Each person will react to that differently. aesthetic for the most part is a matter of taste. While some won’t enjoy the chaoticness of the screen and its focus on colors rather than animation there are others like me, who love the aesthetic. But the brilliance of it isn’t related to whether I like it or whether someone else doesn’t but rather how it’s able to relate to its themes. First off it perfectly melds in with the setting. Harajuku is the capital of kawaii and creativity in Japan. There people who dress up in all sorts of wild and interesting styles in order to carve out something unique. Which is exactly what Urahara does with its art. Whether one likes it or not it’s hard to deny that there is no anime that looks exactly like Urahara. Furthermore, lots of kawaii art features the same sort of ideas: lots of colors, lots of random cute items, a cute cluttered mess. I remember looking through various kawaii art books in stores and often there was a common trend of filling up the page with all sorts of random colorful items. So in a city that is focused on that kawaii aesthetic, that is colorful and norm-breaking itself, Urahara lives up to that with its own unique artistic style. Not only carving out its own niche but also in representing its subject matter in a way most anime couldn’t even dream of.
It's not just the art that is able to live out its themes but it’s also the story that connects well with its themes. On its face, it’s a simple story about some girls who try to defend the place that they love. Which is fine but doesn’t look notable. That is until one looks at what that means and how that relates to the story as a whole. Urahara is just as much about these girls protecting the place they love, as it is about creators protecting their creations and their imagination from the pressures of those outsiders.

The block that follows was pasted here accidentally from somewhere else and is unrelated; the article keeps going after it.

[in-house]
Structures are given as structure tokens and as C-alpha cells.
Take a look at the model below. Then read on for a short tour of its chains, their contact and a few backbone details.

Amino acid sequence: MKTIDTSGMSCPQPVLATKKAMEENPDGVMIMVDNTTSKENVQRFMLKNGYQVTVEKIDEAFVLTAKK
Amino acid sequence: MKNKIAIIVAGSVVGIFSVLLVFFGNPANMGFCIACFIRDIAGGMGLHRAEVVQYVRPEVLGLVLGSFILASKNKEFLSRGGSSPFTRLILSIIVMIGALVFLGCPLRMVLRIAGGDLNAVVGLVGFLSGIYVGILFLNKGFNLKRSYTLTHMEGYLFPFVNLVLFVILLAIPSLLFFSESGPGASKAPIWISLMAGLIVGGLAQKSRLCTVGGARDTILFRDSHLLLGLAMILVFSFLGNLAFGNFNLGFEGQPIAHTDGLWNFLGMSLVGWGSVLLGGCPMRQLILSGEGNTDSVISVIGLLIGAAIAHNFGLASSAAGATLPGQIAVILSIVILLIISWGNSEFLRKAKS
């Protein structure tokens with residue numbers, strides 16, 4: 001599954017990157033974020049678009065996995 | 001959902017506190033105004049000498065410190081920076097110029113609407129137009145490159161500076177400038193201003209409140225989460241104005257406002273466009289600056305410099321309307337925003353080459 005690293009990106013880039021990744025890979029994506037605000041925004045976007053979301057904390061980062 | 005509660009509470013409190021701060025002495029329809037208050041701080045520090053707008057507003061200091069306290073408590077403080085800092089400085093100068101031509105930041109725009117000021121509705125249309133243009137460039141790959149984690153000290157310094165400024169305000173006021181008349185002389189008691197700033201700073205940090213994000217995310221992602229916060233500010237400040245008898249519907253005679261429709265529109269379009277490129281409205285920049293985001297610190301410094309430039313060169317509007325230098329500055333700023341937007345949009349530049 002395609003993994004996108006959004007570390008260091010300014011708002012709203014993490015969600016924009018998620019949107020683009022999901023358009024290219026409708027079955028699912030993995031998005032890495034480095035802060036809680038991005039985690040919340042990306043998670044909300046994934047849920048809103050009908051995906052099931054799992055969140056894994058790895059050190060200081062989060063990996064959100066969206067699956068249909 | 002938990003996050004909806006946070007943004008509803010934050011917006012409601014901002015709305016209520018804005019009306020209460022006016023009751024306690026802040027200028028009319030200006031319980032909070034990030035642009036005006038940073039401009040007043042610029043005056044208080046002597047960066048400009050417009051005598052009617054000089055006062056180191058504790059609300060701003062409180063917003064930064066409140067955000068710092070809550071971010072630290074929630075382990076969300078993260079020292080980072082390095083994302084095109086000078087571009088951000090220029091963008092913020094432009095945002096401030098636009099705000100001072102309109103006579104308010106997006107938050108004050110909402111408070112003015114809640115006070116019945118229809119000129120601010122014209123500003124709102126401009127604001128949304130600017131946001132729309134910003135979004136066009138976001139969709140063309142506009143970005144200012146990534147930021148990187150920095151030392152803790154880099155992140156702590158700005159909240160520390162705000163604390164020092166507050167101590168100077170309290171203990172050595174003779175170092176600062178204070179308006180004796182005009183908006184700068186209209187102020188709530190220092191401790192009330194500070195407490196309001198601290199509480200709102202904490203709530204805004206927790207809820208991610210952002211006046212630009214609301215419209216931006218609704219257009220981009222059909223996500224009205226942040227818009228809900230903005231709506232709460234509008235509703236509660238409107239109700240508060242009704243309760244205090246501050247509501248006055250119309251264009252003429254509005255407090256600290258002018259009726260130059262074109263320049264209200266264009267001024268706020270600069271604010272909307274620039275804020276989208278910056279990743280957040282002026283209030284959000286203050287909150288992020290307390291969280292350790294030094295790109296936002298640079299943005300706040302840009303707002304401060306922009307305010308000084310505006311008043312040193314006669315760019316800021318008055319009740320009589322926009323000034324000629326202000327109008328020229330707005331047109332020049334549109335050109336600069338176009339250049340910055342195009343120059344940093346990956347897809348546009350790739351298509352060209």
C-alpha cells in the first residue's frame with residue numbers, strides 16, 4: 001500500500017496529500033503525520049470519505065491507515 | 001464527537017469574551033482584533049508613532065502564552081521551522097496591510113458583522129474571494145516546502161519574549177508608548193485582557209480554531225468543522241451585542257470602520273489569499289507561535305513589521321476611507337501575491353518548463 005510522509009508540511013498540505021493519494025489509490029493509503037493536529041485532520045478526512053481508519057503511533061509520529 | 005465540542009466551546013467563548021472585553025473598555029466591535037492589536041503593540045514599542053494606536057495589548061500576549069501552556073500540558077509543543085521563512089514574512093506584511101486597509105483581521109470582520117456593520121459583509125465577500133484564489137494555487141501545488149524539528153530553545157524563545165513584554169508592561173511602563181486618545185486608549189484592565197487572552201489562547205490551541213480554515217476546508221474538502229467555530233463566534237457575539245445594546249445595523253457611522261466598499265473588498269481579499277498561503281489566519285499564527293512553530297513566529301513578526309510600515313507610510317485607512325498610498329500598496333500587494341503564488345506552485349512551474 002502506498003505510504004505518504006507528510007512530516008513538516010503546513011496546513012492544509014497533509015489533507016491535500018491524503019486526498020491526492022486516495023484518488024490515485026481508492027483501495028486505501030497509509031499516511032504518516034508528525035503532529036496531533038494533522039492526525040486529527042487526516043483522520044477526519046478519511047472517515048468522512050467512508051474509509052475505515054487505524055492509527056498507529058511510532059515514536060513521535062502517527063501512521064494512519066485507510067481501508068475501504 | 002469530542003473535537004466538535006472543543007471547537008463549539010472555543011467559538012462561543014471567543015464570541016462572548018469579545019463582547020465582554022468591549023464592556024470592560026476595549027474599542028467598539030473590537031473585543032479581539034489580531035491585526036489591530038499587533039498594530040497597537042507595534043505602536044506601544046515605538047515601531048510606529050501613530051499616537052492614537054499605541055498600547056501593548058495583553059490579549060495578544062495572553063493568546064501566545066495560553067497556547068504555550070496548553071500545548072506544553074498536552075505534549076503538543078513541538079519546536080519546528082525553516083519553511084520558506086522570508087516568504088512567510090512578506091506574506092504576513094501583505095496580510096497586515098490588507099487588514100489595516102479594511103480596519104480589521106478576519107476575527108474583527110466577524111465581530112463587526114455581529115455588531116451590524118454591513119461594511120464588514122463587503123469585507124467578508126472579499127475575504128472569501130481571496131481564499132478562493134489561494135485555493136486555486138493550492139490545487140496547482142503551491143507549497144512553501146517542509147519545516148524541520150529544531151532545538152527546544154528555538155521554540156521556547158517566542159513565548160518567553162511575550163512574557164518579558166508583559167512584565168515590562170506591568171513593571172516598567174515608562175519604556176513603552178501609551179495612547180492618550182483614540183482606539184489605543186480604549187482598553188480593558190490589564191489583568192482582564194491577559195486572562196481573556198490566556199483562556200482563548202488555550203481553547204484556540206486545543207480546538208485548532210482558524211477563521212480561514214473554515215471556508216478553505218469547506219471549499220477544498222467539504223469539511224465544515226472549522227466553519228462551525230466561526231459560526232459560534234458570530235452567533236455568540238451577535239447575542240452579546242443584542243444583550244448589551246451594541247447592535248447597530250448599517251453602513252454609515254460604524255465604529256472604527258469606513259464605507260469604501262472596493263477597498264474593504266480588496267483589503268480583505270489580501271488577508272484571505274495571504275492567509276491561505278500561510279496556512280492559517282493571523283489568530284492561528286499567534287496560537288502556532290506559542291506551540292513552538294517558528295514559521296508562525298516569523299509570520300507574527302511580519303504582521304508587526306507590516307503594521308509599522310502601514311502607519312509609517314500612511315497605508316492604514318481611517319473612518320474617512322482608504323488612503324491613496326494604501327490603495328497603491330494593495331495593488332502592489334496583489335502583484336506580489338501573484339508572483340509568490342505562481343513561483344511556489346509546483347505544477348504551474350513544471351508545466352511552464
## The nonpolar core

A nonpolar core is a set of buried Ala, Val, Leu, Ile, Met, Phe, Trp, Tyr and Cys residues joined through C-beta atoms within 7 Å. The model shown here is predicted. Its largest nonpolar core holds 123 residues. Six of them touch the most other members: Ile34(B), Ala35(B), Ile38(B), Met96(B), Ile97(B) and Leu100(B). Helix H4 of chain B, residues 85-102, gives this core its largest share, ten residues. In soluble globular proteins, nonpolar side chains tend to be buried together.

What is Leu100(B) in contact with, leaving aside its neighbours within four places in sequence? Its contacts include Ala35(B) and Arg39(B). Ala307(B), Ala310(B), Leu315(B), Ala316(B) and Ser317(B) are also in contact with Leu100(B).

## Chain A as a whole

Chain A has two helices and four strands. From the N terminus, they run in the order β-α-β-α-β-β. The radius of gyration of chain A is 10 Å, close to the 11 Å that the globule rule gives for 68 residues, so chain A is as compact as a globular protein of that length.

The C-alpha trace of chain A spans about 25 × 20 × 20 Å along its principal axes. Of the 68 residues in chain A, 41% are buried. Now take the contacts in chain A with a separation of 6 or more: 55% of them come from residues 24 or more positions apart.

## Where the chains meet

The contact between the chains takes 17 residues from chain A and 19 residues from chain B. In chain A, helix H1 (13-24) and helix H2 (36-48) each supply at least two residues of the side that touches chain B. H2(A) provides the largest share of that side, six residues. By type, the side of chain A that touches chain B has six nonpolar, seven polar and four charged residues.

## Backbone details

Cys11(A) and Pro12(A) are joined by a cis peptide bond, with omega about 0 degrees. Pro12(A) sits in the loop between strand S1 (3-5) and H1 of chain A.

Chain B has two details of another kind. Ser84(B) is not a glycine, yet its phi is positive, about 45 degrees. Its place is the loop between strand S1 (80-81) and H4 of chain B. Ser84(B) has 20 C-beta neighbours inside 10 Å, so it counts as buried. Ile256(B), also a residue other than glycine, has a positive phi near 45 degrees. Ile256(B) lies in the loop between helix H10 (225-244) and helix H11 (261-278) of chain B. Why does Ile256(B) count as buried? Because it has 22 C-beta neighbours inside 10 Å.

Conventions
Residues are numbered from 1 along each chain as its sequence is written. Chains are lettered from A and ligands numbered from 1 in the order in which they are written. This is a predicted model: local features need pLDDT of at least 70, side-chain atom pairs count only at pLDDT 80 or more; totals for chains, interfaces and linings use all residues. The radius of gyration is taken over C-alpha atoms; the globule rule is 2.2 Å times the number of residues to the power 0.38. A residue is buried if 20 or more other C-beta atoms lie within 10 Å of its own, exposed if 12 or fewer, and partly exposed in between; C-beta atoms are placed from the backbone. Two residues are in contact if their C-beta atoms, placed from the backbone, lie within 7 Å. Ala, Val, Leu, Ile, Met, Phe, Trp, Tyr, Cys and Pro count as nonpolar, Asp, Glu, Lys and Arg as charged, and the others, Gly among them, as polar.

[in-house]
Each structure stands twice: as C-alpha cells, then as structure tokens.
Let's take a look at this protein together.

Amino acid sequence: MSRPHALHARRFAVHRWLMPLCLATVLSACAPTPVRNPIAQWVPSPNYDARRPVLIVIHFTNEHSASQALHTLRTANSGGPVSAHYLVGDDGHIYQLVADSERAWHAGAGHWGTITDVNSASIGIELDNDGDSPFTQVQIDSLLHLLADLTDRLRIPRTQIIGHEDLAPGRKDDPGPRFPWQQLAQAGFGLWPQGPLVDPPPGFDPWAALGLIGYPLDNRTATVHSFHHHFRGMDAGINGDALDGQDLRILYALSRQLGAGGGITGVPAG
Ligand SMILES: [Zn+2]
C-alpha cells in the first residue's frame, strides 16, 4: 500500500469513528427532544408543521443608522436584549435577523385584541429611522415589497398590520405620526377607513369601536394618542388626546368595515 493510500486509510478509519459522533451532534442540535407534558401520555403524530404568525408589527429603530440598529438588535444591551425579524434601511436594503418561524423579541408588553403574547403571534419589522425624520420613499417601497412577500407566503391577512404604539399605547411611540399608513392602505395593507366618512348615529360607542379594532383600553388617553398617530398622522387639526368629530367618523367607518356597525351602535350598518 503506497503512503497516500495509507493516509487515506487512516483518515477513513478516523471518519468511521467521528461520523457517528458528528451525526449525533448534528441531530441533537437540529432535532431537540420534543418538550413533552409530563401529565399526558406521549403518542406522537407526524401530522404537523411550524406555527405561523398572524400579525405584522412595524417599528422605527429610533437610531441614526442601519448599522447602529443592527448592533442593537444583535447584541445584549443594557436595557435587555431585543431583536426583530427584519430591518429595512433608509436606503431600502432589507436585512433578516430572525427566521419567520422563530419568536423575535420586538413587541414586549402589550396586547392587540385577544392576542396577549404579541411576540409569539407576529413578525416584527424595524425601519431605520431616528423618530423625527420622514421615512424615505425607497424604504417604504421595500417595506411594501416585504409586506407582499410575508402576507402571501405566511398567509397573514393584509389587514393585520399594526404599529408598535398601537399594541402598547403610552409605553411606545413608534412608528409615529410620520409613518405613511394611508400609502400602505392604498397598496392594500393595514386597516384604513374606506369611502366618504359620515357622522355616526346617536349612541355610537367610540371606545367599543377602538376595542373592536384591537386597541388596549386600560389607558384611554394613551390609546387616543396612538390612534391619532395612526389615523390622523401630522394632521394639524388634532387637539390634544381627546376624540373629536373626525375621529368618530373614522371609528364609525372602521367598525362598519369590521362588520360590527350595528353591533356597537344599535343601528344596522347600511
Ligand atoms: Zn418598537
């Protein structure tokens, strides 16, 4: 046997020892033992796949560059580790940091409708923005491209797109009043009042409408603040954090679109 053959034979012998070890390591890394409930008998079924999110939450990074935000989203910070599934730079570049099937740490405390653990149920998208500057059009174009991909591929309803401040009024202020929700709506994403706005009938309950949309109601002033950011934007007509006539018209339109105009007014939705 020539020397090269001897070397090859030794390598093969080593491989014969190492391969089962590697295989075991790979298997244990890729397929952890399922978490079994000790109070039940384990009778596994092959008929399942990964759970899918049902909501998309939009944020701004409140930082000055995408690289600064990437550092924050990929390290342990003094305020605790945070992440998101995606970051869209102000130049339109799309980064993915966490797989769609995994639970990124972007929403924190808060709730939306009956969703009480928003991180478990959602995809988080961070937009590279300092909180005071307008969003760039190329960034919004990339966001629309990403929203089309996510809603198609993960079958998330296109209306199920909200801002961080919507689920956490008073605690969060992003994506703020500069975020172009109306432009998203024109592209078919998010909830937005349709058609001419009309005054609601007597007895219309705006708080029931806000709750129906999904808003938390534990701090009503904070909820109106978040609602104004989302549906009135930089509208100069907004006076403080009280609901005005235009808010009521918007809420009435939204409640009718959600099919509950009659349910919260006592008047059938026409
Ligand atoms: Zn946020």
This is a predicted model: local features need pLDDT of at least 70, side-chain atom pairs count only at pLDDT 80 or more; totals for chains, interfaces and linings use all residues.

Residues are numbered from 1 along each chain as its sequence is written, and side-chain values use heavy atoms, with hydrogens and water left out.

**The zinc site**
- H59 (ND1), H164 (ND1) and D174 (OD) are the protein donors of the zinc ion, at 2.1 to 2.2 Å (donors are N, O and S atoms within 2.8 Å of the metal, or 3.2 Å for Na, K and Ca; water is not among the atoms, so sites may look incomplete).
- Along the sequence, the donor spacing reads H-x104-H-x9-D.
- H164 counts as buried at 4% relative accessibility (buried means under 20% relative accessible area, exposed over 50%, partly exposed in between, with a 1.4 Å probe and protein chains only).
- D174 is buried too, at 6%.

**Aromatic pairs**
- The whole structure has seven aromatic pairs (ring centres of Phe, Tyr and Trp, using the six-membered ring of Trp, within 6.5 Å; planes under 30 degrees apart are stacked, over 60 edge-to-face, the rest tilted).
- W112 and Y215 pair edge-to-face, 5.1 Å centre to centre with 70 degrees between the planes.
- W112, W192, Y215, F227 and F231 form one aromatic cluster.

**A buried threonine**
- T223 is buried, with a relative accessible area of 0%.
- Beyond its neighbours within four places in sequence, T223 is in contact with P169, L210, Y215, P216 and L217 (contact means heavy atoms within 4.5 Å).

This is further proven by the enemy that they face, the scoopers. They’re basically aliens that only know how to steal. They can’t create and so they steal the works of others to use as their own. This basically goes into one of the issues of being a creative. Especially if someone wants to be able to profit from their works. When art becomes a business there is a lot of murky details that get added into the discussion. The artist isn’t allowed to just do what they want but rather they have to live up to what the audience wants or else they won’t be able to get profits and they’ll fade into obscurity broke. The mirror, in this case, is the scoopers are the consumers while the three girls are the creators. Consumers are interested in nice things that they can take and enjoy. The artist’s intent and thoughts behind it no longer matter as much. Each consumer is going to use the product in a different way, and have different thoughts about it. In a sense, publishing one’s work is also letting one’s work be stolen. If one were to keep it to themselves it would be theirs and only theirs forever, but once it floats into the public it’s no longer that simple.